$100,000 bonus for Kenyan women and their donkeys

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The Women4Donkeys campaign is now projected to reach six communities, equating to 82,000 women and 123,000 donkeys.
The Women4Donkeys campaign is projected to reach six communities, equating to 82,000 women and 123,000 donkeys.

A US woman has matched the $50,000 in donations to a fund to help change the lives of thousands of women and donkeys in Kitui County, Kenya.

Brooke USA Ambassador Margaret H. Duprey personally matched dollar-for-dollar the funds raised for Brooke USA’s Women4Donkeys campaign, with the $50,000 goal being reached on July 9.

Duprey said she was first drawn to Brooke USA because of its sustainable programs that implement education, as well as scientifically proven, practical and culturally relevant solutions to equine welfare challenges.

Women4Donkeys will benefit a variety of demographics, especially women in poverty who rely on the livelihood of their donkey to survive and provide for their families,” Duprey said.

“I am pleased by the number of people who stepped forward to support my match. To raise funds for a program I believe will do such good is inspiring and truly reflects the power of the good work Brooke USA is doing for working equines and their owners.”

Executive Director of Brooke USA Emily Dulin and Brooke USA Ambassador  Margaret H. Duprey.
Executive Director of Brooke USA Emily Dulin and Brooke USA Ambassador Margaret H. Duprey.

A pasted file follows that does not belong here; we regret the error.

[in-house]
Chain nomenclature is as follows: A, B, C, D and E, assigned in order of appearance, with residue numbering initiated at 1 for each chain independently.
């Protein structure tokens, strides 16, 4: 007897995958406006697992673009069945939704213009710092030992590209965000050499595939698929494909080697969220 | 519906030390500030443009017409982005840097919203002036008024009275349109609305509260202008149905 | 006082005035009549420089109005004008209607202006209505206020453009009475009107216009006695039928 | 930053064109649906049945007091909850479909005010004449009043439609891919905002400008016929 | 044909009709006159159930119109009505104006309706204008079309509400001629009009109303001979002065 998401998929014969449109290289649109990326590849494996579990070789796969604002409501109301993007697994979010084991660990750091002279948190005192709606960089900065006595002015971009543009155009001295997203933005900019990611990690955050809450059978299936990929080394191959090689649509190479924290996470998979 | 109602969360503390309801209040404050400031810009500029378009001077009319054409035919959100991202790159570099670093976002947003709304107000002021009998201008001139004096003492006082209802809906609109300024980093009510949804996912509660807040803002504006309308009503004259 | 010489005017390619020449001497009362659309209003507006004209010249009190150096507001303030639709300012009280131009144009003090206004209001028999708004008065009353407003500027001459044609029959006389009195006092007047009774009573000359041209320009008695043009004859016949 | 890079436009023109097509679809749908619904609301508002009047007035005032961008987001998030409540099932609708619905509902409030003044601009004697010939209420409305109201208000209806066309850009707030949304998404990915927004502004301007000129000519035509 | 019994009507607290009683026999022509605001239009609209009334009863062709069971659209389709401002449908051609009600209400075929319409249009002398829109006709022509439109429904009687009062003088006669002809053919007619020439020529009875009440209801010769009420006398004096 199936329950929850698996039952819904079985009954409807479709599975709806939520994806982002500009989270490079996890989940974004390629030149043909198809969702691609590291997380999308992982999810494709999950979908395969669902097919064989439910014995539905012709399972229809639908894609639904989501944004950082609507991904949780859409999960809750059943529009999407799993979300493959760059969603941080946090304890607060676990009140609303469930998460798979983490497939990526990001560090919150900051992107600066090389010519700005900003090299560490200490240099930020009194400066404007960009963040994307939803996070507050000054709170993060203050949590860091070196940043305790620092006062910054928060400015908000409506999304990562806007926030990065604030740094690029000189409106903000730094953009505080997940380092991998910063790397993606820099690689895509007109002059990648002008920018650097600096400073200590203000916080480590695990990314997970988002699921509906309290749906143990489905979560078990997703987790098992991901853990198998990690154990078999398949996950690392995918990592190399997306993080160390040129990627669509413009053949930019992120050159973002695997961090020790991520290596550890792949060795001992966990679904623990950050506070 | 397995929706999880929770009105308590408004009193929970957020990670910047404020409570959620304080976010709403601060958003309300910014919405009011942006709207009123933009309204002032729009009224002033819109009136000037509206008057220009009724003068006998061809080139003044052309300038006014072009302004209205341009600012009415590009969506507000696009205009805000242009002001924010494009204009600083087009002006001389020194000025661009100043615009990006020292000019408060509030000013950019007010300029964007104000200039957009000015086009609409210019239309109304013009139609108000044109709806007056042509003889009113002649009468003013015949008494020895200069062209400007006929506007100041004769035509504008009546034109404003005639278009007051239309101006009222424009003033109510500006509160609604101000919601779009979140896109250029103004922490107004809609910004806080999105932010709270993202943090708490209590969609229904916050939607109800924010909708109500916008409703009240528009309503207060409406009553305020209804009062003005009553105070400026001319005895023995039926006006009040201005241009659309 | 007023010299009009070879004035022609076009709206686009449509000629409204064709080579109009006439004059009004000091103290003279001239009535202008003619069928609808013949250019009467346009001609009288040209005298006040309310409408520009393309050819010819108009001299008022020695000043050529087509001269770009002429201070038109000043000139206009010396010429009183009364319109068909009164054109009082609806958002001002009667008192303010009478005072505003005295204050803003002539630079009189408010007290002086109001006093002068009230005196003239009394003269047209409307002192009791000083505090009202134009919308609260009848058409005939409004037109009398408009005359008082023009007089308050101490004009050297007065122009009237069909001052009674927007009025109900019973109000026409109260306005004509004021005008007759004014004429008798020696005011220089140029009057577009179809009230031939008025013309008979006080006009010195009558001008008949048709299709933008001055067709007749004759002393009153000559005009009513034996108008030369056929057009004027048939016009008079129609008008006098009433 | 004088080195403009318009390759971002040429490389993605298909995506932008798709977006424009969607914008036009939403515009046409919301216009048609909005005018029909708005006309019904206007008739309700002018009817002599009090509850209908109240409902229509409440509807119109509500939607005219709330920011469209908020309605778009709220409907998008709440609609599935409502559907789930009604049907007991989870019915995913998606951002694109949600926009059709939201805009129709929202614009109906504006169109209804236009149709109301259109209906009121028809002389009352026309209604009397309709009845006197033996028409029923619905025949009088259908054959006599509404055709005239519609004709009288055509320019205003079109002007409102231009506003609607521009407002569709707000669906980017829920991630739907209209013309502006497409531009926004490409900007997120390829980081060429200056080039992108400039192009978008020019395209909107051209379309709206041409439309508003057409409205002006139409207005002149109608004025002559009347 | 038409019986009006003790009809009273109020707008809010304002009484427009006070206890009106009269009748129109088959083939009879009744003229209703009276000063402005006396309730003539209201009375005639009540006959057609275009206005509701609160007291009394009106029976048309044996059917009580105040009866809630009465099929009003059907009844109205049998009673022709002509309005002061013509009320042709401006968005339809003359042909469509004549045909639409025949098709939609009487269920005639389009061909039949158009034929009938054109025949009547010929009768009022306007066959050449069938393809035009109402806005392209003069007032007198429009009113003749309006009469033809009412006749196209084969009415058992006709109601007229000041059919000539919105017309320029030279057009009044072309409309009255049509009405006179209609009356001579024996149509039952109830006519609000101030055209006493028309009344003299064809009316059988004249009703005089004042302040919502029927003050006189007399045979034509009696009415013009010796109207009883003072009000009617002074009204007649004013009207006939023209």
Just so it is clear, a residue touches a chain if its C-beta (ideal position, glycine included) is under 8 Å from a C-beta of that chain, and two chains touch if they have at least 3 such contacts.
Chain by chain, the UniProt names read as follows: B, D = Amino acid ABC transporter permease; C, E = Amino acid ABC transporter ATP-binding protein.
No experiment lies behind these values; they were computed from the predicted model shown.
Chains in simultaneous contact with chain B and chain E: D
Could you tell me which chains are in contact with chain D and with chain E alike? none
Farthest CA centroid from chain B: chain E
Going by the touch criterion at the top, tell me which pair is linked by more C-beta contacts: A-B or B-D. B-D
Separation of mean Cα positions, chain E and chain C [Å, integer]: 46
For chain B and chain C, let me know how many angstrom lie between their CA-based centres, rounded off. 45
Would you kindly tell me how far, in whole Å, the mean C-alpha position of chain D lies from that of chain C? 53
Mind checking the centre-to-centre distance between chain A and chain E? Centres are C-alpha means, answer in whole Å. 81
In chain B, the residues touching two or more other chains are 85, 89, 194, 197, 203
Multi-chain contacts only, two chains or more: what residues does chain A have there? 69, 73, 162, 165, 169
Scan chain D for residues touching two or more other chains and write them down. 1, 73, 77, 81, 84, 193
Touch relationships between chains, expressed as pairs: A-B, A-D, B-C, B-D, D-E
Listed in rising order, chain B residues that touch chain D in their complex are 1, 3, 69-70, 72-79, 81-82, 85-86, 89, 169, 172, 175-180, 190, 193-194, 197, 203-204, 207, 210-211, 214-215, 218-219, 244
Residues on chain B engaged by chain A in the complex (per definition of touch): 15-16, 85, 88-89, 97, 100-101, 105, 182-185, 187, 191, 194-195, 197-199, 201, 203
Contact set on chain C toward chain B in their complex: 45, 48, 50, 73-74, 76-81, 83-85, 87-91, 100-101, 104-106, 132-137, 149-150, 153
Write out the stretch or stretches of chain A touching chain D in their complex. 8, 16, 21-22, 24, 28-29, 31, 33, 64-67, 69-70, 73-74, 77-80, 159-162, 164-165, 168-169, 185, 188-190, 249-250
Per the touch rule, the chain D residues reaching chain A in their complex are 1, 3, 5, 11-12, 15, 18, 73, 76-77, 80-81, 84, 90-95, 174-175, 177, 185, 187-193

The Women4Donkeys campaign is now projected to reach six communities, equating to 82,000 women and 123,000 donkeys. Estimated at a population of 1.8 million, donkeys are important to the Kenyan economy, helping reduce poverty by providing employment and income to support peoples’ livelihoods. Donkeys are the most common means of transportation and are also used in agriculture.

Although much of the population relies on donkeys, they are often poorly treated and neglected due to lack of knowledge. Brooke USA’s funded programs in Kenya will specifically address equine welfare education and skill-building opportunities that not only emphasize animal husbandry but develop self-reliance for women.

In addition to handling and husbandry practices for women donkey owners, the program will also provide training and capacity building of farriers, health providers and harness-makers. The women will benefit from household and income-generating activities such as harness-making, marketing skills and techniques, as well as record keeping training. In addition, outreach will include improving the knowledge and practices of women equine groups around saving money, securing credit and financial management.

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